The fourth time was at the house of Mr. Willis in Mendon, Utah - two years ago this last summer. Each of the three last times occurred about 3 weeks apart.

Weldon testified that the first time he caught Lorenzo in the act of sucking his penis was about one year ago, he coming to my bed.

When I awoke I felt that it was him, but did not see or speak to him or he to me. I turned over on my belly and did not discharge. He did not leave my bed immediately but kept bothering me.

The second time occurred about 2 weeks after the first, when he came to my bed as before and got my penis in his mouth. I awoke in the act of discharging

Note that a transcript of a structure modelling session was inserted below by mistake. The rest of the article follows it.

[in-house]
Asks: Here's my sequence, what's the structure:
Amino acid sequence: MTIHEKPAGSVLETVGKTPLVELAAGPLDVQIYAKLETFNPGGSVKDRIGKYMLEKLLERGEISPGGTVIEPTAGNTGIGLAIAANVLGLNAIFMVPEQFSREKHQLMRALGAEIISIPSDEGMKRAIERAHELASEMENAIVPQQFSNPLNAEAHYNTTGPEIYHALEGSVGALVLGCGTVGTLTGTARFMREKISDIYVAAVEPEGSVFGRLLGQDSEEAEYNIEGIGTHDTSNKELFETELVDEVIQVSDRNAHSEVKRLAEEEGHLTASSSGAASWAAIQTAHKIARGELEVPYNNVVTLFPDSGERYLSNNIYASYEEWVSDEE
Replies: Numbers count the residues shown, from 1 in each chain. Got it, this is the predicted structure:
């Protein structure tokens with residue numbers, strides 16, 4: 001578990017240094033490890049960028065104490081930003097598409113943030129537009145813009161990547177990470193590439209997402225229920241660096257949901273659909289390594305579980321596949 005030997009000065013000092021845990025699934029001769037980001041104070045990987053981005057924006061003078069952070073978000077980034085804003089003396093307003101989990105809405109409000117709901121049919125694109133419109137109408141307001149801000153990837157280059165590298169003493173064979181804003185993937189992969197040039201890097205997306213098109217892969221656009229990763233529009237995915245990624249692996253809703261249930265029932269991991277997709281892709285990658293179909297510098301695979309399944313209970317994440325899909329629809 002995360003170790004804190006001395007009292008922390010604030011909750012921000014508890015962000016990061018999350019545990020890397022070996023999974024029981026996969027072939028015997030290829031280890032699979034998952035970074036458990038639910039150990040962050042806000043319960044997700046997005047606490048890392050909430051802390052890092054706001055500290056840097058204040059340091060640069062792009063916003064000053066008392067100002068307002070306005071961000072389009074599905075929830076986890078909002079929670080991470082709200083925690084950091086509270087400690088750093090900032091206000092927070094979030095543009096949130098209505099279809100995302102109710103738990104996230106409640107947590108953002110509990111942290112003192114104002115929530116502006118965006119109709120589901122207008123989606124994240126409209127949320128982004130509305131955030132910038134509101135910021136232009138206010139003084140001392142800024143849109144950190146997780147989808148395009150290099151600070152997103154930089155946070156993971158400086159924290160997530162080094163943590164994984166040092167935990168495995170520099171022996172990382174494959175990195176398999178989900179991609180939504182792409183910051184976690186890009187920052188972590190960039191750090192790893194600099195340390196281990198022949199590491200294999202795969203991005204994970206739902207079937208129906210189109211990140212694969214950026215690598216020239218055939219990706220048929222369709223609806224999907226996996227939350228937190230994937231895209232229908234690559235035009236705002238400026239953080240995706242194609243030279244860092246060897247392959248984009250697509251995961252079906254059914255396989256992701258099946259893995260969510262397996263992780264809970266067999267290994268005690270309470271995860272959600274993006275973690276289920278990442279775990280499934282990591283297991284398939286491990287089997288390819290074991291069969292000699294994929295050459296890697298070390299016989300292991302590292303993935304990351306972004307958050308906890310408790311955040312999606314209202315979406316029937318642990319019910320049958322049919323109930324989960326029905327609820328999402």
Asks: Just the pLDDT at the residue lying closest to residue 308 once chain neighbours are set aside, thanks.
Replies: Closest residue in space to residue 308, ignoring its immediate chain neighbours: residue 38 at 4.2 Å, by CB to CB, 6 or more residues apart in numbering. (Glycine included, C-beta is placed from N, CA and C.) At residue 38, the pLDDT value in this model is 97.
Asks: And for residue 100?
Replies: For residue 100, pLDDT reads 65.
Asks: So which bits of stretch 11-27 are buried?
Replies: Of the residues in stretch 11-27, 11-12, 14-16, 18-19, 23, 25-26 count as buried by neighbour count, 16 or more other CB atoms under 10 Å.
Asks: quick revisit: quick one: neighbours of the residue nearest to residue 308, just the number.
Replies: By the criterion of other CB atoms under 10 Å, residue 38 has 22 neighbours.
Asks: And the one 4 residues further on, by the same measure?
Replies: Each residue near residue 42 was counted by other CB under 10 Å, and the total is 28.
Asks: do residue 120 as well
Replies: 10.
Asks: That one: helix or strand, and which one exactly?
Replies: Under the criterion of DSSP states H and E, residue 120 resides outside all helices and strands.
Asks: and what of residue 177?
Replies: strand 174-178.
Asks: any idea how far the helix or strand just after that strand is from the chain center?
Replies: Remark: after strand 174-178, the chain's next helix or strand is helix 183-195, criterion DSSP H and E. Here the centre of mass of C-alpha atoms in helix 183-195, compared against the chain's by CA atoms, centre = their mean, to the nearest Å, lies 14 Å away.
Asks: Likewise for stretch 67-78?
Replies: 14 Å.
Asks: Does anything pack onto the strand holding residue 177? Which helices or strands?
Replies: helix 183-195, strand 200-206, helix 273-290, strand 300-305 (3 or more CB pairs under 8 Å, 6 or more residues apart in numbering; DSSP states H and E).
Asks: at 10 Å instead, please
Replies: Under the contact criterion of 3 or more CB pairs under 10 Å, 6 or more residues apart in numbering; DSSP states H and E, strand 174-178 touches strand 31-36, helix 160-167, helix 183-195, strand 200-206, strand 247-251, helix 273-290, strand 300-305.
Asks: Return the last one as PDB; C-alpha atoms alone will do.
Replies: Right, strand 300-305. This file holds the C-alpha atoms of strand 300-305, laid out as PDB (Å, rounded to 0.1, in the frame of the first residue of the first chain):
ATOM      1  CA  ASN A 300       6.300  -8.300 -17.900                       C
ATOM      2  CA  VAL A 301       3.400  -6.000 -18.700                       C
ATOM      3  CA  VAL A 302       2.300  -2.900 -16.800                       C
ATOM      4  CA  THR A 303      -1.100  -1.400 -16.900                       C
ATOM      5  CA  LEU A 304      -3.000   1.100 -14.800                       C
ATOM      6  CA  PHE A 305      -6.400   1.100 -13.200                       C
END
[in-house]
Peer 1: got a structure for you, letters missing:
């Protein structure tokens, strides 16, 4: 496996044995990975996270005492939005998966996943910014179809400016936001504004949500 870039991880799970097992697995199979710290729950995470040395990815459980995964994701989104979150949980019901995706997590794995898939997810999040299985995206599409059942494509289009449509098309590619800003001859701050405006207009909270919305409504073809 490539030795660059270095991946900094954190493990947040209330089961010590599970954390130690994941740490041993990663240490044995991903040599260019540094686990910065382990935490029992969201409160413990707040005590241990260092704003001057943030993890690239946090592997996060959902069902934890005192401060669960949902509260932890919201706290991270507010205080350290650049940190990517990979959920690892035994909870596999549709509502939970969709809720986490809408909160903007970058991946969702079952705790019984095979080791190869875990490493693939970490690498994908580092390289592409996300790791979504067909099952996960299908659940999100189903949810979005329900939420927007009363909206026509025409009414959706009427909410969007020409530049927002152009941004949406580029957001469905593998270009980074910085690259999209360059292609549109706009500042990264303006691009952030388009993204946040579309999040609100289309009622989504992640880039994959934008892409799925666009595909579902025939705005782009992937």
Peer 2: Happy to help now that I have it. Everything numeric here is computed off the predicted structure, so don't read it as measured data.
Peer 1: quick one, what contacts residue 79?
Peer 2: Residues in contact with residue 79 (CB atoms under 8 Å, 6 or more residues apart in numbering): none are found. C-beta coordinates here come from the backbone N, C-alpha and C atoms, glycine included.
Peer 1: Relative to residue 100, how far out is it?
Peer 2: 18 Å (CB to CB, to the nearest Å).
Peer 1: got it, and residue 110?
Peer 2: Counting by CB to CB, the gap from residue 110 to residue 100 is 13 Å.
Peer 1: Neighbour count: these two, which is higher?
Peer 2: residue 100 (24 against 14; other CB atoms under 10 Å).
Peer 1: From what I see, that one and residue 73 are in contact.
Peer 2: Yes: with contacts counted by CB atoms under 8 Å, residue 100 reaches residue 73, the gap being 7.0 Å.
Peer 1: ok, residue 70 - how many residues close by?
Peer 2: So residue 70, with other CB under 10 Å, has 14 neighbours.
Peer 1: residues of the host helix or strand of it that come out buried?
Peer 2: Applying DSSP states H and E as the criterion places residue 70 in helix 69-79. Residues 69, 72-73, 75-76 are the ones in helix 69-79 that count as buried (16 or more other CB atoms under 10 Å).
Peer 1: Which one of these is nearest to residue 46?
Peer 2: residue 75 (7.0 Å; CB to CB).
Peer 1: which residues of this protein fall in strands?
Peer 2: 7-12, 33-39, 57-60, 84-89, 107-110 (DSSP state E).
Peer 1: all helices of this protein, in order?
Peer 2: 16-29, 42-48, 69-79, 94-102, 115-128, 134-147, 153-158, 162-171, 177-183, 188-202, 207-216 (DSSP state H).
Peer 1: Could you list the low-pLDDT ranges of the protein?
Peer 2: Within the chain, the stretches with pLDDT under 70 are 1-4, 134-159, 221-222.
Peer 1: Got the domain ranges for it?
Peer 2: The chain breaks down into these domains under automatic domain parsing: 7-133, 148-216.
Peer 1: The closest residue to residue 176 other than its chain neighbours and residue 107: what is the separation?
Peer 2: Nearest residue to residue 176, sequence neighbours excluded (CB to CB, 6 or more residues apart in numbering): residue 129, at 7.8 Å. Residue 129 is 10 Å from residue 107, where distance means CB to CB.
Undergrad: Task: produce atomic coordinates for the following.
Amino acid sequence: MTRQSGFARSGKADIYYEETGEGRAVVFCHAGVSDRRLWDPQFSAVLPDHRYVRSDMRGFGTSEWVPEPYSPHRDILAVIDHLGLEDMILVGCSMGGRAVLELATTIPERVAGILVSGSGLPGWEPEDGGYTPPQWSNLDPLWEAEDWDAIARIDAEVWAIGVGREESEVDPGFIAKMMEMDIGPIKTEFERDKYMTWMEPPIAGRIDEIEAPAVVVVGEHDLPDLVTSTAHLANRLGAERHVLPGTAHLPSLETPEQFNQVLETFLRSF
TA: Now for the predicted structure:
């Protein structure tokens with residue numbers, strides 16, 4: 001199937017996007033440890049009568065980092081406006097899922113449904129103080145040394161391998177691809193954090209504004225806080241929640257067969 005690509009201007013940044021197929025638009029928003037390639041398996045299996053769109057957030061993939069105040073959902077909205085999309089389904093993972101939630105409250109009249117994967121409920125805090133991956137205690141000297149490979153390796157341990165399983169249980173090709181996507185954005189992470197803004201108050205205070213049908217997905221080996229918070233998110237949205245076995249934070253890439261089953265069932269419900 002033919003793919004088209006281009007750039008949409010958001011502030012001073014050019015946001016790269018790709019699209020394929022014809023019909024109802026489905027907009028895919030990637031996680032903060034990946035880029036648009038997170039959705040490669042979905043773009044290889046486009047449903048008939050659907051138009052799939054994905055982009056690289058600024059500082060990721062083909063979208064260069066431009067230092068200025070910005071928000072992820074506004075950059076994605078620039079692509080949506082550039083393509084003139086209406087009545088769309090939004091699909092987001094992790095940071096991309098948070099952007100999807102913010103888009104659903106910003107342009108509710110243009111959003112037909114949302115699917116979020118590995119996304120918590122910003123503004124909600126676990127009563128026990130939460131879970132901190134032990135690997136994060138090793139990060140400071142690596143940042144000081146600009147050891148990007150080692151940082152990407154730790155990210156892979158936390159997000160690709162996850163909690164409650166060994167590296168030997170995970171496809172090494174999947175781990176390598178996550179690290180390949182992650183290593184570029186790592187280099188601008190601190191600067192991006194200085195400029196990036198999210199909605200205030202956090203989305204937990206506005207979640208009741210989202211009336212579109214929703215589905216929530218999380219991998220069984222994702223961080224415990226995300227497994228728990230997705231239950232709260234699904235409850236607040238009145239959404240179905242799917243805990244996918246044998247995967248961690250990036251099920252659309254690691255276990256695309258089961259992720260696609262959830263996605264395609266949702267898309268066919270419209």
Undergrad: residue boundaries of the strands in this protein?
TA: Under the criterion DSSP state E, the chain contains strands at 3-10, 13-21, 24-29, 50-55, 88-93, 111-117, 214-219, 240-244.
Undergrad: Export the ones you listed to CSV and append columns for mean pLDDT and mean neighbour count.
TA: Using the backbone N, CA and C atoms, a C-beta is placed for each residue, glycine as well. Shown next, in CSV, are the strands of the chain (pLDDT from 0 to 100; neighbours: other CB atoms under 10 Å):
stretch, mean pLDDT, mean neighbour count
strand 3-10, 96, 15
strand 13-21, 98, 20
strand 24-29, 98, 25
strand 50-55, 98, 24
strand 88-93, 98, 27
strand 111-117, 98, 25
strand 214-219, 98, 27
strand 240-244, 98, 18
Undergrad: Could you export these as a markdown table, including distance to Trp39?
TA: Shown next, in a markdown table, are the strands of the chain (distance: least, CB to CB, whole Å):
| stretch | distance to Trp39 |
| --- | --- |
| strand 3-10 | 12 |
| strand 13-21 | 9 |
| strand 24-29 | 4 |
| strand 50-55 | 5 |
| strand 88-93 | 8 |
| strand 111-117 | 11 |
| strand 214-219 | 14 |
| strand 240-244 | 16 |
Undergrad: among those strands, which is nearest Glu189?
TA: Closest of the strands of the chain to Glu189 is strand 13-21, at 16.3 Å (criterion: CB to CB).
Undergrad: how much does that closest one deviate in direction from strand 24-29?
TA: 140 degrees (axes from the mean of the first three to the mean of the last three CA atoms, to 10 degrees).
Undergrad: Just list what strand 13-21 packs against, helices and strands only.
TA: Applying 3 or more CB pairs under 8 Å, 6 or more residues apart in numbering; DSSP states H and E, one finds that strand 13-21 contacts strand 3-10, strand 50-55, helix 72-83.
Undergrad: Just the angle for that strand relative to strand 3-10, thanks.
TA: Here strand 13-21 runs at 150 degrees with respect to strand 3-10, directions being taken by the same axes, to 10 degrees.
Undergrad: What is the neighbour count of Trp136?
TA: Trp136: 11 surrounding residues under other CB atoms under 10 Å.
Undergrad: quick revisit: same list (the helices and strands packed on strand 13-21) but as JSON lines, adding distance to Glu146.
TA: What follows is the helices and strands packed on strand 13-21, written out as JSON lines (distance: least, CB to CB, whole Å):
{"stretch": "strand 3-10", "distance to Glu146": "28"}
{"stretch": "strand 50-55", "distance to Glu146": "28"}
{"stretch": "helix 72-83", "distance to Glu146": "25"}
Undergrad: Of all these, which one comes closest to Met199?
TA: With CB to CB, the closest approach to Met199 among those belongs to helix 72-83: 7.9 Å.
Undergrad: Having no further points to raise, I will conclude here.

The third time was in a different room. I was asleep when he came in, but awake immediately. He did not accomplish anything, but remained in my bed about one hour, when Florida (his wife) came in search of him with a lamp, but she soon returned leaving him still in my bed, she telling him that he ought to be ashamed of himself

I left the bed and occupied another the rest of the night.

The Fourth time occurred near day light so that I could see him. I asked him what good it did him, and he answered that it might keep me from bothering the girls. I replied that it would make me worse rather than better

Got my penis in his mouth, the talk occurred after I awoke.

This happened last spring. Have no feelings against him, but had some words. Think Peter asked me if Lorenzo had ever sucked my penis and I must have said "yes", as he told me that he had sucked his This was talked of at Blue Springs last spring